The wreck of the Titanic lay undisturbed for 73 years, at depths of up to 12,000 feet under water. It was discovered in 1985, by a team of American and French researchers using a newly-developed ultra-sensitive sonar system, combined with advanced acoustic technology.
The sinking of the Titanic has a macabre fascination for scientists and the public alike and researchers have been exploring the wreck since 1985.
In 1986 a small underwater robot named Jason Junior or “JJ” produced the first images of the ship on the ocean floor. JJ was tethered to a manned submersible, nicknamed Alvin, hovering just metres away. But now with advanced communications and guidance systems, a new generation of vehicles is able to dive deeper, and remain submerged for longer.
Much of this new technology was developed at Woods Hole Oceanographic Institution in Falmouth, Massachusetts. The latest is Nereus, which can operate as an Autonomous Underwater Vehicle (AUV) or a robot.
Nereus can collect samples or conduct experiments using its robotic manipulator arm. It works on rechargeable lithium-ion batteries, similar to those used in cell phones and laptop computers. Battery life is around 20 hours and it takes six hours to recharge.
Using computer programme systems designed for flying drones and modifying other computer programmes, Bowen’s team helped introduce robotic guidance controls to undersea exploration. The connection for commands and information flow is a light, flexible fibre optic cable.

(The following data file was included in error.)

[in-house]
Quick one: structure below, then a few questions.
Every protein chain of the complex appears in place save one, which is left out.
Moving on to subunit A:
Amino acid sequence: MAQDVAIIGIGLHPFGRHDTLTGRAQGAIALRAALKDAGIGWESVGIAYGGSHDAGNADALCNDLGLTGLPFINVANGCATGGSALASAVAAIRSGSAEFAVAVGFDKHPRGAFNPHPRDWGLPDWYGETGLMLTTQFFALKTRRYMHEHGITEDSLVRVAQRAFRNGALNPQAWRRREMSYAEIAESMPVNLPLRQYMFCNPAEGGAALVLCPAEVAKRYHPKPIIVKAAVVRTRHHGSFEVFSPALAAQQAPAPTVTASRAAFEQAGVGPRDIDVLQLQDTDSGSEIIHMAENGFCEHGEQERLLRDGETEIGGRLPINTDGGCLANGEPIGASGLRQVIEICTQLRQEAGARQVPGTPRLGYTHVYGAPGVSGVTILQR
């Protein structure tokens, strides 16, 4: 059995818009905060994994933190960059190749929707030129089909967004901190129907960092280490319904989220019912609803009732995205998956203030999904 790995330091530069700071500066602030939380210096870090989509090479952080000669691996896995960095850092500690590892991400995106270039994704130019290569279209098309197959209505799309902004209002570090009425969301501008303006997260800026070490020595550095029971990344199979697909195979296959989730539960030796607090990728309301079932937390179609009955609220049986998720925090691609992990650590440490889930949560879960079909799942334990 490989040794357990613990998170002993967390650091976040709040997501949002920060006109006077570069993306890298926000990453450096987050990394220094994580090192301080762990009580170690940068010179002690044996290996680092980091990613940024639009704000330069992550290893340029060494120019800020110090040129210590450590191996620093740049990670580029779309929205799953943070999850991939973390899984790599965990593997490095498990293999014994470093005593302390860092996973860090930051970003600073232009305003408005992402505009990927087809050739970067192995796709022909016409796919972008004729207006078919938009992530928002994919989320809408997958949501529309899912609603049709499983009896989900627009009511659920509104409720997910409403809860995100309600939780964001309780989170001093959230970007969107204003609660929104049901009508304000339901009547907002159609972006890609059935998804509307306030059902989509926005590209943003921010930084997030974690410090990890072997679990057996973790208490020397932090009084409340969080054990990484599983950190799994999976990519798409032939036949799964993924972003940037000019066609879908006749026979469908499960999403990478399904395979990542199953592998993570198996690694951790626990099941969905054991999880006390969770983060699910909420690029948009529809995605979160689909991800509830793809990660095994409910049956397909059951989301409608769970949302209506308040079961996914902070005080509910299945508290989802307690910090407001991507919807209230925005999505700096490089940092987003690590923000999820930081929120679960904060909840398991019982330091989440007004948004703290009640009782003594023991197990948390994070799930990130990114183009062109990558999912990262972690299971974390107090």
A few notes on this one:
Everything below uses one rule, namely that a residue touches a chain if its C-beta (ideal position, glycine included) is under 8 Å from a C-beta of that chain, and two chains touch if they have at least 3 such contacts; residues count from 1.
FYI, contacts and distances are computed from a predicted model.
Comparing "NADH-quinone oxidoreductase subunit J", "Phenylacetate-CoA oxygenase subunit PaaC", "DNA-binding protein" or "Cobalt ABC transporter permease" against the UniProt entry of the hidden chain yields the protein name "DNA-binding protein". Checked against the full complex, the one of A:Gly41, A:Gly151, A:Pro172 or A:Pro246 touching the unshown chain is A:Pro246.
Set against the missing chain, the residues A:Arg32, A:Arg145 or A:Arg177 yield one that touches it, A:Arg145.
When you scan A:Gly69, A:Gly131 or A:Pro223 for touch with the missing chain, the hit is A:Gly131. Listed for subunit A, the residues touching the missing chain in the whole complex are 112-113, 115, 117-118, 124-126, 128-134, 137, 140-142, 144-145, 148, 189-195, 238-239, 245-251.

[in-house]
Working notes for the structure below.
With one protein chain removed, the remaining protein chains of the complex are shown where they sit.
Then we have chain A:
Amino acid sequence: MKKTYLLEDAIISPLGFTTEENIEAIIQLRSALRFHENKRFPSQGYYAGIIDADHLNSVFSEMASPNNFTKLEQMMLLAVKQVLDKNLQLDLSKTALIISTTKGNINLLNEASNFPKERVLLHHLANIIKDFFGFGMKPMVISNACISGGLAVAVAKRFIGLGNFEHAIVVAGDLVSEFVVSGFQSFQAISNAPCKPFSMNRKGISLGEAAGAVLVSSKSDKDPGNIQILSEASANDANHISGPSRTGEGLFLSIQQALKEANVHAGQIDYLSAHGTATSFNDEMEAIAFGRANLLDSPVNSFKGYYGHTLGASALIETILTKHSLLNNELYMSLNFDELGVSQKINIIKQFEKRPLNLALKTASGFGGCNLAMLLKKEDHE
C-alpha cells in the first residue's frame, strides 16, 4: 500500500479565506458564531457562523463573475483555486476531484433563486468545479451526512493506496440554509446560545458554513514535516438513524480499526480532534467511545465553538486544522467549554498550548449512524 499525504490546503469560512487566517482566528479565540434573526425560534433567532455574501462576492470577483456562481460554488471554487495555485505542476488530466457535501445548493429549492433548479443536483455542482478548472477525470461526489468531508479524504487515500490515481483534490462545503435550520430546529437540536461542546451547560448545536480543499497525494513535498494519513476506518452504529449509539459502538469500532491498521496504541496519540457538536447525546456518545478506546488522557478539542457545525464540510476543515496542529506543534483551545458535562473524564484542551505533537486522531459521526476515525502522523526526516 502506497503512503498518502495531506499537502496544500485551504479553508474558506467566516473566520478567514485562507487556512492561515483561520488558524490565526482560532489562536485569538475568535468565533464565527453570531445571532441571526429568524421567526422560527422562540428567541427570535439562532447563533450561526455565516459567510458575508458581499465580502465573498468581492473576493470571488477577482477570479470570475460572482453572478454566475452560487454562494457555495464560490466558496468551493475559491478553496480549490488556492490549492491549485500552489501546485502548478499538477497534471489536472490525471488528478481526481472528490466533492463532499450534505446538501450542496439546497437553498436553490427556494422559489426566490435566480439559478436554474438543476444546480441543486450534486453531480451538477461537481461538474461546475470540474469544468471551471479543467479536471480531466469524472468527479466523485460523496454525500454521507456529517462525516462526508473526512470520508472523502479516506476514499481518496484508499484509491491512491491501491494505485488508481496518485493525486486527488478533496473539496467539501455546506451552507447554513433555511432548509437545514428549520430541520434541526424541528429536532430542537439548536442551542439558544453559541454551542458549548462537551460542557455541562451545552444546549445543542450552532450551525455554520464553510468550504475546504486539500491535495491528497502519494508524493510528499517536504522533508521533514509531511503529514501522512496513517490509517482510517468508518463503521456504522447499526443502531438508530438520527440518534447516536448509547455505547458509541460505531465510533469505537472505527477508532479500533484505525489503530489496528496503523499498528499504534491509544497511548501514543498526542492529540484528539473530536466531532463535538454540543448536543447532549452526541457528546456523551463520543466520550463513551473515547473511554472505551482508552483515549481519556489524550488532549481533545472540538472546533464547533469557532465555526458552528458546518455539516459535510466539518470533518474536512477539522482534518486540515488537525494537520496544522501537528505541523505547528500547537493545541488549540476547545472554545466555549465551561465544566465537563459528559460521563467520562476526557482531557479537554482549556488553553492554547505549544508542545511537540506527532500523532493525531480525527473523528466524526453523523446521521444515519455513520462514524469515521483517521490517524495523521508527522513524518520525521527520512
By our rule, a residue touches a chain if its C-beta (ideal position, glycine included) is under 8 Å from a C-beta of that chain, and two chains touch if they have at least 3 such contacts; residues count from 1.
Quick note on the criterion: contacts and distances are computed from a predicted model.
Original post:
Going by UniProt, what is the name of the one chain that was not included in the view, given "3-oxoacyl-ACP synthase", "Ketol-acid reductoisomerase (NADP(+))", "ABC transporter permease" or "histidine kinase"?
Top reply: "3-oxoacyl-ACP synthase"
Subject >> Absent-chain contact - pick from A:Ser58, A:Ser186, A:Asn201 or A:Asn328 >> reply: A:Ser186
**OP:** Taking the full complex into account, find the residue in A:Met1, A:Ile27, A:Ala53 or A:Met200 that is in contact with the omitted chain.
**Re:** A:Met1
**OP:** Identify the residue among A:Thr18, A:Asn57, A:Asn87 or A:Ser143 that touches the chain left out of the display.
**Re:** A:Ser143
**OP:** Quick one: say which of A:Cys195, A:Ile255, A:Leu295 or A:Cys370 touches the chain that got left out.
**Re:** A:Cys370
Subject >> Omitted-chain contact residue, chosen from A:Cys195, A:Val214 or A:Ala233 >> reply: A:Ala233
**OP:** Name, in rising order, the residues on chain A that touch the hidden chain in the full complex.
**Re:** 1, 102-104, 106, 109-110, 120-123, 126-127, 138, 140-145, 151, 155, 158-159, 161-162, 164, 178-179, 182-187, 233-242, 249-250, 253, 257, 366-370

Scientists can control the Nereus from hundreds of kilometres away as it carries out forensic activities, along with mapping the sea floor and prospecting for oil and minerals.
Robert Ballard, a former United States naval officer, is credited with discovering the wrecks of the Titanic and the battleship Bismarck.
He said things have changed dramatically since he started: “I don’t even have to be on a ship now. I now have a telecommunications centre at the Graduate School of Oceanography at Rhode Island. And, I have a command centre, and I walk into that command centre and I think I’m on the ship.”
These new technologies are less expensive, and more efficient than the old ones. One hundred years after the unsinkable Titanic struck an iceberg, the wreck is still revealing her secrets.